And me?  I think she was real.  Otherwise, I find it difficult to imagine why several well-known (and male) poets of her day wrote poetry and letters to her.  But perhaps they were even more fanciful than we know, and the whole thing was an elaborate setup.

In lieu of a portrait, let's look at the best known of her sonnets, in which she begins by writing (with what one editor, Luciano Rebay, calls "moving simplicity and consummate poetic skill") of the beauties of spring and of love.  But in the eighth line she changes her tone, and the poem becomes a complaint, a lament.  Here's a translation by Rebay:

In the season when the world leafs and flowers,
Joy grows in all gentle lovers,
They go together to the gardens, while
Little birds make sweet song,
All free-hearted people fall inlove,
And every man steps forth to serve,
And every maiden lives in joy.
As for me, miseries and tears abound.

For my father has put me in a quandary,
And keeps me often in terrible pain:
He wants to give me--forcing me--a husband.
and I have neither wish nor will for this,
And in great torment I live every hour:
So that neither flower nor leaf rejoices me.

Defending the castle

Who was she?  "Donzella" suggests that she was a maiden, a damsel, an unmarried woman.  "Compiuta," which was actually in use at the time as a female name, means something like Capable or Competent, with a suggestion, too, of learned skill; maybe Accomplished would come closest.  And that is why I've sprinkled this post with images of other compiute donzelle from the middle ages, since it is not possible to offer you a portrait of the poet herself.

When and where did she live?  The "where" is a little easier than the "when."  Her Tuscan dialect places her in or near Florence.  The "when" is trickier, though.  It appears that she was active in the latter part of the 13th century, and some have guessed that she died around 1300.  But that still leaves us guessing.  Did she die young, possibly in childbirth?  Did she live to a ripe old age?  When was she writing her sonnets, which speak of the plight of a young woman whose fate is in someone else's hands?


We can hazard some guesses based on what we know of the men who corresponded with her.

First was Guittone d'Arezzo, who many consider the most prolific and influential poet of the Italian vernacular before Dante.  We have a surviving letter from Guittone to the "Donna Compiuta," praising her poetic gifts and offering her his devotion and admiration.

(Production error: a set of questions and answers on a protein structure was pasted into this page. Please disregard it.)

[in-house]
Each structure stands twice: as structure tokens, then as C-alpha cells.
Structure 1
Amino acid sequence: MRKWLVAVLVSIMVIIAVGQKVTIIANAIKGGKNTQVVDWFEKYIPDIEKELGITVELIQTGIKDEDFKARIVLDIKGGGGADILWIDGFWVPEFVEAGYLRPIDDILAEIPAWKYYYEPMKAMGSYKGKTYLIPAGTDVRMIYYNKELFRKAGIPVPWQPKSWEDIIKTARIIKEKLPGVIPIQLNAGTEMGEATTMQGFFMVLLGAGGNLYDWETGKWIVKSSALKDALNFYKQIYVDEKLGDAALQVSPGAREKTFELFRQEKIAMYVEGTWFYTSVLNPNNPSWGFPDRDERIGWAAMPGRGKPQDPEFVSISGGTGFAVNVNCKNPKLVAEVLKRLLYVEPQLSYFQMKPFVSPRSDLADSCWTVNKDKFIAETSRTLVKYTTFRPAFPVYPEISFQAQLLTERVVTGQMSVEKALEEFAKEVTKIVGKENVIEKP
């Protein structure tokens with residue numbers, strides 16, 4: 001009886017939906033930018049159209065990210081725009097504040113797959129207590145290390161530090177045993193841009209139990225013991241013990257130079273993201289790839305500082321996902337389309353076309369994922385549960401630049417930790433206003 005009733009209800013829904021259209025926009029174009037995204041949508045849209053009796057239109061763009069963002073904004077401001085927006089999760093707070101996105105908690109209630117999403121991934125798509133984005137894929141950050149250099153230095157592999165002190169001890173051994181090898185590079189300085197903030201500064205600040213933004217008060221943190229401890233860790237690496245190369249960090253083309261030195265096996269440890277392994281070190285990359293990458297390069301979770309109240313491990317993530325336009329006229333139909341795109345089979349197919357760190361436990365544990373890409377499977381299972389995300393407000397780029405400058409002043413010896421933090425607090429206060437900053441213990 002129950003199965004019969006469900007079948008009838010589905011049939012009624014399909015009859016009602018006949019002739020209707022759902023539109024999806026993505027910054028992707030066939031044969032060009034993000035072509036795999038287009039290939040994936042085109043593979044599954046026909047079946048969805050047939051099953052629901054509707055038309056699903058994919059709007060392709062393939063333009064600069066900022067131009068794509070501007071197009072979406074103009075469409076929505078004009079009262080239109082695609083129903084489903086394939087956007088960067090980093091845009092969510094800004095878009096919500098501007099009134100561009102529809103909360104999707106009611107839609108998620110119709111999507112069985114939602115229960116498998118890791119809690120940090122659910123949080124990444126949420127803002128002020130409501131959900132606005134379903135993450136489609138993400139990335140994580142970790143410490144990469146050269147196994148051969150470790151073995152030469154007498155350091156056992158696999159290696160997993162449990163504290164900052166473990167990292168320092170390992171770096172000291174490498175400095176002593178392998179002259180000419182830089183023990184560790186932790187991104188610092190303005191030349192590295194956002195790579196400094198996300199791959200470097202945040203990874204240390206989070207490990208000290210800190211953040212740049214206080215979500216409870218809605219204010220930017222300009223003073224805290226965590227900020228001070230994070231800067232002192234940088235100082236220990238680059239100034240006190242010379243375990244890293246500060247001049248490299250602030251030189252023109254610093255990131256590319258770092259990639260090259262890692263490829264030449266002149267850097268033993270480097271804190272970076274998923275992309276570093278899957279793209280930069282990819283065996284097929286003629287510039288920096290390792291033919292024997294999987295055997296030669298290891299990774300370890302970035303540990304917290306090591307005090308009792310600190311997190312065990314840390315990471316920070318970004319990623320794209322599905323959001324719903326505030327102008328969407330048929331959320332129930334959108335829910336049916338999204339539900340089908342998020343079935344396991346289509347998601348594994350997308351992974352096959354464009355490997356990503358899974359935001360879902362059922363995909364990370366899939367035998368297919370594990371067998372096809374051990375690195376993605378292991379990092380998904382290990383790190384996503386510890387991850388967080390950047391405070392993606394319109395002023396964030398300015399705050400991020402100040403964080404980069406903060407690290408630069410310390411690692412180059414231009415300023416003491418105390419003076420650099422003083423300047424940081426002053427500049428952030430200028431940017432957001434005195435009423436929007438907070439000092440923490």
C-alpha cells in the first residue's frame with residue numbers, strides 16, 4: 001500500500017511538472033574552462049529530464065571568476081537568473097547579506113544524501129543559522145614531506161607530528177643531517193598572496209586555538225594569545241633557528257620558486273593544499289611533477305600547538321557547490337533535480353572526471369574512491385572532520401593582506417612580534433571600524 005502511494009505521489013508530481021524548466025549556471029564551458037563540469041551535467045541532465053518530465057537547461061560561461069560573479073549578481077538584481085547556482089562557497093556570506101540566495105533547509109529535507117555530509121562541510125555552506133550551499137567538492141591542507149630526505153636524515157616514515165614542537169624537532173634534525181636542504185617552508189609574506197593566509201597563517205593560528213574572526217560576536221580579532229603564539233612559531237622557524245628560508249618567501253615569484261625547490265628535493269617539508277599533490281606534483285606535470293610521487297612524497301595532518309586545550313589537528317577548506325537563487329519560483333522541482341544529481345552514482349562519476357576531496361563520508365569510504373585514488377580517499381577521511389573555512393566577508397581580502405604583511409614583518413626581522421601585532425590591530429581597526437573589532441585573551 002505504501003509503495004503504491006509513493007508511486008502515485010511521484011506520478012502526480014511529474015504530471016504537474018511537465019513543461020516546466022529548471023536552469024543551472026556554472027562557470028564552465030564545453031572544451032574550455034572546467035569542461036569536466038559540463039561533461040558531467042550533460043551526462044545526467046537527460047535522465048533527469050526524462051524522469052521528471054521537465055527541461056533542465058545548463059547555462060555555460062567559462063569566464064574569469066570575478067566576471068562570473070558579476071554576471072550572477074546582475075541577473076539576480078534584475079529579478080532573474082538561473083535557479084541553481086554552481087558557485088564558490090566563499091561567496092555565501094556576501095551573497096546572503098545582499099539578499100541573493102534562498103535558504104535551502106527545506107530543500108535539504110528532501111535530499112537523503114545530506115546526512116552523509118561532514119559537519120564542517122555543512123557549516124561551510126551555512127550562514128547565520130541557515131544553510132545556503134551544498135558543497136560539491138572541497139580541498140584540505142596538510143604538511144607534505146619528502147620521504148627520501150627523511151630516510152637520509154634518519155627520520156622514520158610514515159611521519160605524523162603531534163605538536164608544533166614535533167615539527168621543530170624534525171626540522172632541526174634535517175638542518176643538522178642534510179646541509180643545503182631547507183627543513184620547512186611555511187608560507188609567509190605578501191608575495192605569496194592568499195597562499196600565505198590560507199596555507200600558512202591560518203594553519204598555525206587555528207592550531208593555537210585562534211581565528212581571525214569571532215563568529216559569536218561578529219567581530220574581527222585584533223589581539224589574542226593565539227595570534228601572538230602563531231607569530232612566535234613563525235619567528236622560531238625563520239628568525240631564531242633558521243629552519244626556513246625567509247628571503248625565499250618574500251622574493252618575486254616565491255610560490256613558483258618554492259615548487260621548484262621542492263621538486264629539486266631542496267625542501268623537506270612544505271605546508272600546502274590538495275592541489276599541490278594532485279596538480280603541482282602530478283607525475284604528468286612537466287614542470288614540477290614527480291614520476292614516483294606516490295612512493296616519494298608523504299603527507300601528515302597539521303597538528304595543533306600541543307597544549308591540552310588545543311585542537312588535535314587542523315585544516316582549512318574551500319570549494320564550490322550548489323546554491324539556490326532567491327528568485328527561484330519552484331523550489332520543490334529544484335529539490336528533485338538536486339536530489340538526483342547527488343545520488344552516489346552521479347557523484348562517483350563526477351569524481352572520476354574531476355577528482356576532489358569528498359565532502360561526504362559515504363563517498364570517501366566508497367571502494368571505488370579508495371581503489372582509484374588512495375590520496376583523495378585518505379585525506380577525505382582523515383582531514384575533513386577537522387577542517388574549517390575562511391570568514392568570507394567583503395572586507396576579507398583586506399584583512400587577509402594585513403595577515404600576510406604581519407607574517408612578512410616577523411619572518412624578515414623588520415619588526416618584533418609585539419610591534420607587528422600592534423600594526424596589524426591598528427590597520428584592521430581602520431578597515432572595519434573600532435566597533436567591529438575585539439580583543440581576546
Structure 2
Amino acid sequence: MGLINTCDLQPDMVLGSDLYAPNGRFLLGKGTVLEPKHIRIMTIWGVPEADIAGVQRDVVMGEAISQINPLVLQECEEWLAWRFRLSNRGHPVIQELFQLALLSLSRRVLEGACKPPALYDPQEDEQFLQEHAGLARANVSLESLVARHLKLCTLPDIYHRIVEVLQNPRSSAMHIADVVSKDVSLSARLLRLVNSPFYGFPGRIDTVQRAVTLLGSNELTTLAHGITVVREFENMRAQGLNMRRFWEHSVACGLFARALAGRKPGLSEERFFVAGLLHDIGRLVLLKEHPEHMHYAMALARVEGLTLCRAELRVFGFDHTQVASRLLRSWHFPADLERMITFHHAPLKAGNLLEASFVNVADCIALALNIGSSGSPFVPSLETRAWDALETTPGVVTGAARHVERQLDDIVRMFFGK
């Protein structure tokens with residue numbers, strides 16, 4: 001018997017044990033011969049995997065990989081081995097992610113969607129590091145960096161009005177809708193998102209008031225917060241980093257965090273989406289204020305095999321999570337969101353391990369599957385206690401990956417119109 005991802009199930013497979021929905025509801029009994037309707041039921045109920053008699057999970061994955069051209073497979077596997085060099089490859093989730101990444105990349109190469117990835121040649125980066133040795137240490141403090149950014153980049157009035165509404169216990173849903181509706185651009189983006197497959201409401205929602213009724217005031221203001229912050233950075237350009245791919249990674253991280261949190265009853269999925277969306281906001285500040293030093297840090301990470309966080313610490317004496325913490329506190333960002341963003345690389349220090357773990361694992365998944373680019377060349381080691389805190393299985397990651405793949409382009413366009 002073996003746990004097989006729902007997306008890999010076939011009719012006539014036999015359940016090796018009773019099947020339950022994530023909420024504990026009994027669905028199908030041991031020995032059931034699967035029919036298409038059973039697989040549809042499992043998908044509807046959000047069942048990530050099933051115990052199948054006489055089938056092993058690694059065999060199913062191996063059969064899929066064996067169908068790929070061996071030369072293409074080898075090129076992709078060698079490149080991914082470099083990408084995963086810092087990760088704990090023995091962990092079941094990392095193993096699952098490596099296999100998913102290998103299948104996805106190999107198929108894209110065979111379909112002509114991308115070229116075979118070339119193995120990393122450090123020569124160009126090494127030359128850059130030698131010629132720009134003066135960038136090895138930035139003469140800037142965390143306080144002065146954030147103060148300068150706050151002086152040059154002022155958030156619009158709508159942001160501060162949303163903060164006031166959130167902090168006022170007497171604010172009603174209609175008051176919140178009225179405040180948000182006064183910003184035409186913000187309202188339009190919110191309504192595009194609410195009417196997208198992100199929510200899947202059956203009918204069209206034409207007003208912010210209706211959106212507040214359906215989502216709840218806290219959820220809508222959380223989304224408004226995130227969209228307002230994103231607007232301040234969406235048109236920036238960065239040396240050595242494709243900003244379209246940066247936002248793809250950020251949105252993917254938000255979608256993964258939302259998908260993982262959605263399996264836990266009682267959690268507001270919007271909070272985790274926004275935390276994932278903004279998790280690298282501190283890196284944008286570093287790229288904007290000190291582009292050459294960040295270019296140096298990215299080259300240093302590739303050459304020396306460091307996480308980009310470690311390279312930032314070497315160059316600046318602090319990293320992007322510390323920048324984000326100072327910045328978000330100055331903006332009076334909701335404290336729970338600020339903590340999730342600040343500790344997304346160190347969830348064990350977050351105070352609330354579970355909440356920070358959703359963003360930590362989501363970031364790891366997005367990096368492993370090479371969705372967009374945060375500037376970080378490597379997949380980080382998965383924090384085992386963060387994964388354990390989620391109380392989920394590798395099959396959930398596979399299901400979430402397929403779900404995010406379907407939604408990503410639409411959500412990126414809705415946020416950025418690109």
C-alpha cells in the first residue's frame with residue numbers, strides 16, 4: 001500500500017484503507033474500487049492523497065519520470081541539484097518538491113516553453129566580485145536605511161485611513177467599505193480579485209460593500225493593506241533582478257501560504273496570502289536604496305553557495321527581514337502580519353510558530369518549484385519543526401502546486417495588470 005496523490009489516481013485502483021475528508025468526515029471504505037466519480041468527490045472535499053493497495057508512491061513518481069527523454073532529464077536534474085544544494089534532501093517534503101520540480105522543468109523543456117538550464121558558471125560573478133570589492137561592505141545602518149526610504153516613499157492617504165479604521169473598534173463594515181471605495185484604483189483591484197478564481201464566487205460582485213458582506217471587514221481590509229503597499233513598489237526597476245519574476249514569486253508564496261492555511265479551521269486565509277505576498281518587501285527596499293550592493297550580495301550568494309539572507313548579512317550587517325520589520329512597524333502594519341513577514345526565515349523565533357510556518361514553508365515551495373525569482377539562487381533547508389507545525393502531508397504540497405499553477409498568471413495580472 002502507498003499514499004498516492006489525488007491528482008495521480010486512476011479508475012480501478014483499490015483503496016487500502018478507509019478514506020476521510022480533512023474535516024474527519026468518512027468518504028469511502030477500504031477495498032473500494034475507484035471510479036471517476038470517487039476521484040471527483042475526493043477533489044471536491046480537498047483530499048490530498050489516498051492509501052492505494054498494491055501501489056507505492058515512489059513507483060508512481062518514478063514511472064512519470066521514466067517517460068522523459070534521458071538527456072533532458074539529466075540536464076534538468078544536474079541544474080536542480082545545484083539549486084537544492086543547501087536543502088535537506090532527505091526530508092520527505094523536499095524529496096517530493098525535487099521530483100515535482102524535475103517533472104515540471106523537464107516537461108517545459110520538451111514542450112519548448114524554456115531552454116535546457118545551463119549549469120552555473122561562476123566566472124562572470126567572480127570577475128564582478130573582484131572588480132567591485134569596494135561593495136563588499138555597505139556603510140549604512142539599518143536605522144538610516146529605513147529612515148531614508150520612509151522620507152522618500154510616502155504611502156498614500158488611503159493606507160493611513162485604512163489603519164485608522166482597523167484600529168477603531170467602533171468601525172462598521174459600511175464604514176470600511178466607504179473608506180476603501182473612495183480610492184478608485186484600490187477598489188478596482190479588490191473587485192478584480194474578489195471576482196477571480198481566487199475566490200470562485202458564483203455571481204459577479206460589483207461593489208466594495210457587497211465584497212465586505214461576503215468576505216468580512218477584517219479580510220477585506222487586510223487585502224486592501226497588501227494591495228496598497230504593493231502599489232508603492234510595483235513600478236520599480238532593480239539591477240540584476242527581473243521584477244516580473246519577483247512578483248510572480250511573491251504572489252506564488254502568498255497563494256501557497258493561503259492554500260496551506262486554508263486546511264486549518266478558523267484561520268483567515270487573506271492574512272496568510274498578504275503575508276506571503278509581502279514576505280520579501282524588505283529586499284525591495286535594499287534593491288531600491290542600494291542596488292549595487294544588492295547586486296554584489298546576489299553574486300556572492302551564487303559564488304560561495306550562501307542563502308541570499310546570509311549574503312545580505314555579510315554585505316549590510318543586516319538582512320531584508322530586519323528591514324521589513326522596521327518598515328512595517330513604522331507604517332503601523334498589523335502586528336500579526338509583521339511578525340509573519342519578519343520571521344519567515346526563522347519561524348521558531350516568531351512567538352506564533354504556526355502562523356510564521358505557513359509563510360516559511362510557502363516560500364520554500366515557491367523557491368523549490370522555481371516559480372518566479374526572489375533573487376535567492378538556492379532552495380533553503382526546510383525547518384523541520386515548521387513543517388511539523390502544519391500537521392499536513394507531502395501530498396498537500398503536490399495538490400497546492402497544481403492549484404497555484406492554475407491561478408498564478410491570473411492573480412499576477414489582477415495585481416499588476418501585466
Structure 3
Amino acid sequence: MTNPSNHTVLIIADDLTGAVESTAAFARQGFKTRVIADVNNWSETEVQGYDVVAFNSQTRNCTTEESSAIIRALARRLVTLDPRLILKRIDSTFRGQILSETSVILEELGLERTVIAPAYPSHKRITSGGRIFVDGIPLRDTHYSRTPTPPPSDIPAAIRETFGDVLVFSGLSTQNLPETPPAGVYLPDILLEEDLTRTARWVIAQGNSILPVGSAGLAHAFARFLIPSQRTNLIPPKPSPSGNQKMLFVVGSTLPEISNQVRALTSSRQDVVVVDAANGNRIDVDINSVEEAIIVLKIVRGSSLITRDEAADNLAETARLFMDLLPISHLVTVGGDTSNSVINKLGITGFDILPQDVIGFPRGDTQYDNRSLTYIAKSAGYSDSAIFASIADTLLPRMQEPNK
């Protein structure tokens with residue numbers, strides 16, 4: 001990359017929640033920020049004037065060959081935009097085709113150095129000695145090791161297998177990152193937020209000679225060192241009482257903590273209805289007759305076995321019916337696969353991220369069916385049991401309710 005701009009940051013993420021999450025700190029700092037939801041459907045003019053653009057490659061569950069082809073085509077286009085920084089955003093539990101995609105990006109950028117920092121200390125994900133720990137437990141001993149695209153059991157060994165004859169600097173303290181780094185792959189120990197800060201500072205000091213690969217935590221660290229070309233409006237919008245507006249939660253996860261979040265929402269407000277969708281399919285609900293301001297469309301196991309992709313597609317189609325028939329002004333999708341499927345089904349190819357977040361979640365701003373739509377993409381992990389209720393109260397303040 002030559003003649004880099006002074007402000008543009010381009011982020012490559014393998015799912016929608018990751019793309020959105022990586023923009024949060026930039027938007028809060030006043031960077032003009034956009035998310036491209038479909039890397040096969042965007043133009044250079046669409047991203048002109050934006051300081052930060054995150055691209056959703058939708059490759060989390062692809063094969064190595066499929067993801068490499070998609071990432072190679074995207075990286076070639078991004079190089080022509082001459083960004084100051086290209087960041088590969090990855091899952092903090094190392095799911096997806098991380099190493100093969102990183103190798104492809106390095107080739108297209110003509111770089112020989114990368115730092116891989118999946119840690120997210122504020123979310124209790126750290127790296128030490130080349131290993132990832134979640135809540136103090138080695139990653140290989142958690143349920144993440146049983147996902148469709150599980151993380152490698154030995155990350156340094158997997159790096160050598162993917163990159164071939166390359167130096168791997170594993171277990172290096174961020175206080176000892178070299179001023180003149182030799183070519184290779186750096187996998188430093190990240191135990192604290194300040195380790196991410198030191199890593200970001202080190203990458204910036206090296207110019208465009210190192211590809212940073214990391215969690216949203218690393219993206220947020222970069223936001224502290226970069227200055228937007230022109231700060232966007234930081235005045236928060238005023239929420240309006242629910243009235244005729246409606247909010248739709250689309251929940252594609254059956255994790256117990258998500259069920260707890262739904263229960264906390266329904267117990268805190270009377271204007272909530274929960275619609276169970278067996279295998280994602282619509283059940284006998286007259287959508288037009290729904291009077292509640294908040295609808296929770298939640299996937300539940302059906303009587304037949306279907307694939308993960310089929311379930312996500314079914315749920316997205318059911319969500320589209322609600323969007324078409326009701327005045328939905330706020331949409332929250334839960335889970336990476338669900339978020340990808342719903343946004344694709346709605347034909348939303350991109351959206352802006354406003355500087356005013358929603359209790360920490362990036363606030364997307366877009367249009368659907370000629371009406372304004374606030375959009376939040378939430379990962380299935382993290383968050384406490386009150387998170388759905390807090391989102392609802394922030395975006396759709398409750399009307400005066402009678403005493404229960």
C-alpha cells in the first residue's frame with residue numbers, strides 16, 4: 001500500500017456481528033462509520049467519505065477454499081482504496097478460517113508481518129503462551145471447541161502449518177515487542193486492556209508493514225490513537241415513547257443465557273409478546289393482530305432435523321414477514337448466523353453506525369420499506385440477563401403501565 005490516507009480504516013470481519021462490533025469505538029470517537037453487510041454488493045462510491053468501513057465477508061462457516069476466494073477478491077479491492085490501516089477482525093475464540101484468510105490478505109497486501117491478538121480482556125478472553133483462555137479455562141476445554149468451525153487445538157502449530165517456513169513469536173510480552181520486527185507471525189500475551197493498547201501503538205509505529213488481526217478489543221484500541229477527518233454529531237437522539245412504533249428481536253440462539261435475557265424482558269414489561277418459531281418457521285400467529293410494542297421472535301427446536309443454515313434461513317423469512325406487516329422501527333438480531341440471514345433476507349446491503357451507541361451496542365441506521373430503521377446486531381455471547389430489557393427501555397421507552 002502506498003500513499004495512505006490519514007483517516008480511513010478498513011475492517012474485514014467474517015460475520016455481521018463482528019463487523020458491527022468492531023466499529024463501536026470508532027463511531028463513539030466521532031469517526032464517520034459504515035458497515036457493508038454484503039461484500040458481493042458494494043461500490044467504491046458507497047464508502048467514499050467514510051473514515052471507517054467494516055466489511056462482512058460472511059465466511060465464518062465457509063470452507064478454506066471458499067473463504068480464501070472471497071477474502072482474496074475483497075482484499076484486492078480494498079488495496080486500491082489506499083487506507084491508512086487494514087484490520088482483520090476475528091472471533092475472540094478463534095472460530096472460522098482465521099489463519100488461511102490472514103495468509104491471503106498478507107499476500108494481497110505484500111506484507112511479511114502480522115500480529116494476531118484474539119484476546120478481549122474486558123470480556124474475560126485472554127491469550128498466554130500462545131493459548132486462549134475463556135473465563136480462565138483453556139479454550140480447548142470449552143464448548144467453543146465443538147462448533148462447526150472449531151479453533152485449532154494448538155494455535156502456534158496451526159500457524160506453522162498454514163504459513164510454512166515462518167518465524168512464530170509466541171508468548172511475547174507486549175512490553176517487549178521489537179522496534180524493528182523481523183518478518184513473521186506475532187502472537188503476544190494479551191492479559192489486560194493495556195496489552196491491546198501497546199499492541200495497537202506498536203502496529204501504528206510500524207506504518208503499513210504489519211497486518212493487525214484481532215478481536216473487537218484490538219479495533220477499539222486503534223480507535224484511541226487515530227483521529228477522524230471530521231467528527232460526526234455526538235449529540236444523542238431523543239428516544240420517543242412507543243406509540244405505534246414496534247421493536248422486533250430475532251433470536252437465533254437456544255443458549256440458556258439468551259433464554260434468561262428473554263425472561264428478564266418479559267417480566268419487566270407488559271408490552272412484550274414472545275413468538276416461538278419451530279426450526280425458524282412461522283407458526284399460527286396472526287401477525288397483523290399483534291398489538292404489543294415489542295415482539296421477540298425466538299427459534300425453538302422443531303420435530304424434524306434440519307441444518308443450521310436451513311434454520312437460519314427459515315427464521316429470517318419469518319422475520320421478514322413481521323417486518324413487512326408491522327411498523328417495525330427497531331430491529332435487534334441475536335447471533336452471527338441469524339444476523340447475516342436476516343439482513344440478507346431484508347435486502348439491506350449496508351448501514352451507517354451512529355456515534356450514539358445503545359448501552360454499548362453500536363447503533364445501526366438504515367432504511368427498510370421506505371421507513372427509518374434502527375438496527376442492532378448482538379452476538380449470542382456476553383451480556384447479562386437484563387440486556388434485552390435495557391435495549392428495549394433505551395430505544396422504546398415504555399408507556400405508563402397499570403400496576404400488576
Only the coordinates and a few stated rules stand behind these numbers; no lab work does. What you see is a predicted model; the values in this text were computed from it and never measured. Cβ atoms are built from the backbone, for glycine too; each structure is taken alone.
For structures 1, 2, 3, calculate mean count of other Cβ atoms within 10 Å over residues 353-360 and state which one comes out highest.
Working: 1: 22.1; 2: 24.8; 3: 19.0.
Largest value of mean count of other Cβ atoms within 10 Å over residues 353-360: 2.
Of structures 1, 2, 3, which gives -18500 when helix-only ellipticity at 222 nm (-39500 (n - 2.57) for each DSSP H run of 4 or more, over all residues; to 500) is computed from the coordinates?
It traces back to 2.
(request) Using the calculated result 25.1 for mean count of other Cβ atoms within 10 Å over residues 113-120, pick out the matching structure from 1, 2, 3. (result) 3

Teaching geometry
Guittone, a Guelf (the minority party in Arezzo), fought and lost at the battle of Montaperti in 1260, after which he chose to exile himself from his native city.  In the mid 1260s he underwent a religious conversion, left his wife and children, and joined a new religious order (the Milites Beatae Virginis Mariae, or Frati Godenti, a lay order founded to promote civic harmony in a time when such was a rare commodity).  If we assume that his letter to La Compiuta Donzella was written before his conversion, that means she was known for her poetry by, say, 1262-1263.  It also means she was married; he wrote Compiuta Donna rather than Donzella.

Maestro Torrigiano wrote her two letters.  In one, he dubbed her the "divine Sybil" and wondered whether the presence of such talents in a woman was unnatural, or possibly miraculous (but he probably meant that in a nice way).

But figuring out dates on Torrigiano is tricky.  Some historians say he was the prominent physician and medical scholar from Florence who was often known by the Latin version of his name:  Turisanus.  If so, he was a student of Taddeo Alderotti (see last blog post) in Bologna, and he had a reputation as a formidable scholar, albeit one who had really bad luck in actually curing patients.  But biographical information, including dates, is a bit garbled.  Filippo Villani, Florentine chronicler and Torrigiano's biographer, appears to equate him with a master who taught medicine in Paris as late as 1350, yet Taddeo Alderotti's student Turisanus died in 1319.  If the doctor was indeed La Compiuta Donzella's admirer, he may have been born somewhere in the 1240-1250 range.


The third man is even harder to pin down.  We have an anonymous poem which addresses her (this time as "Compiuta Donzella," so, not yet married) in a manner consistent with the conventions of courtly love, and to which she replied with pleasant courtesies and compliments.  Some historians believe this anonymous poet was Chiaro Davanzati, a member of a prominent Florentine family (the Palazzo Davanzati still stands in Florence, now a museum to the medieval Florentine home, with wonderful displays of furnishings and textiles).

Chiaro, too, fought in the battle of Montaperti (1260), so he must have been born not much later than about 1240.  He died in 1303.

Taking all this into account, I believe that La Compiuta Donzella was probably born in the 1240s, and that she was married by around 1263 or thereabouts.  But it's all guesswork.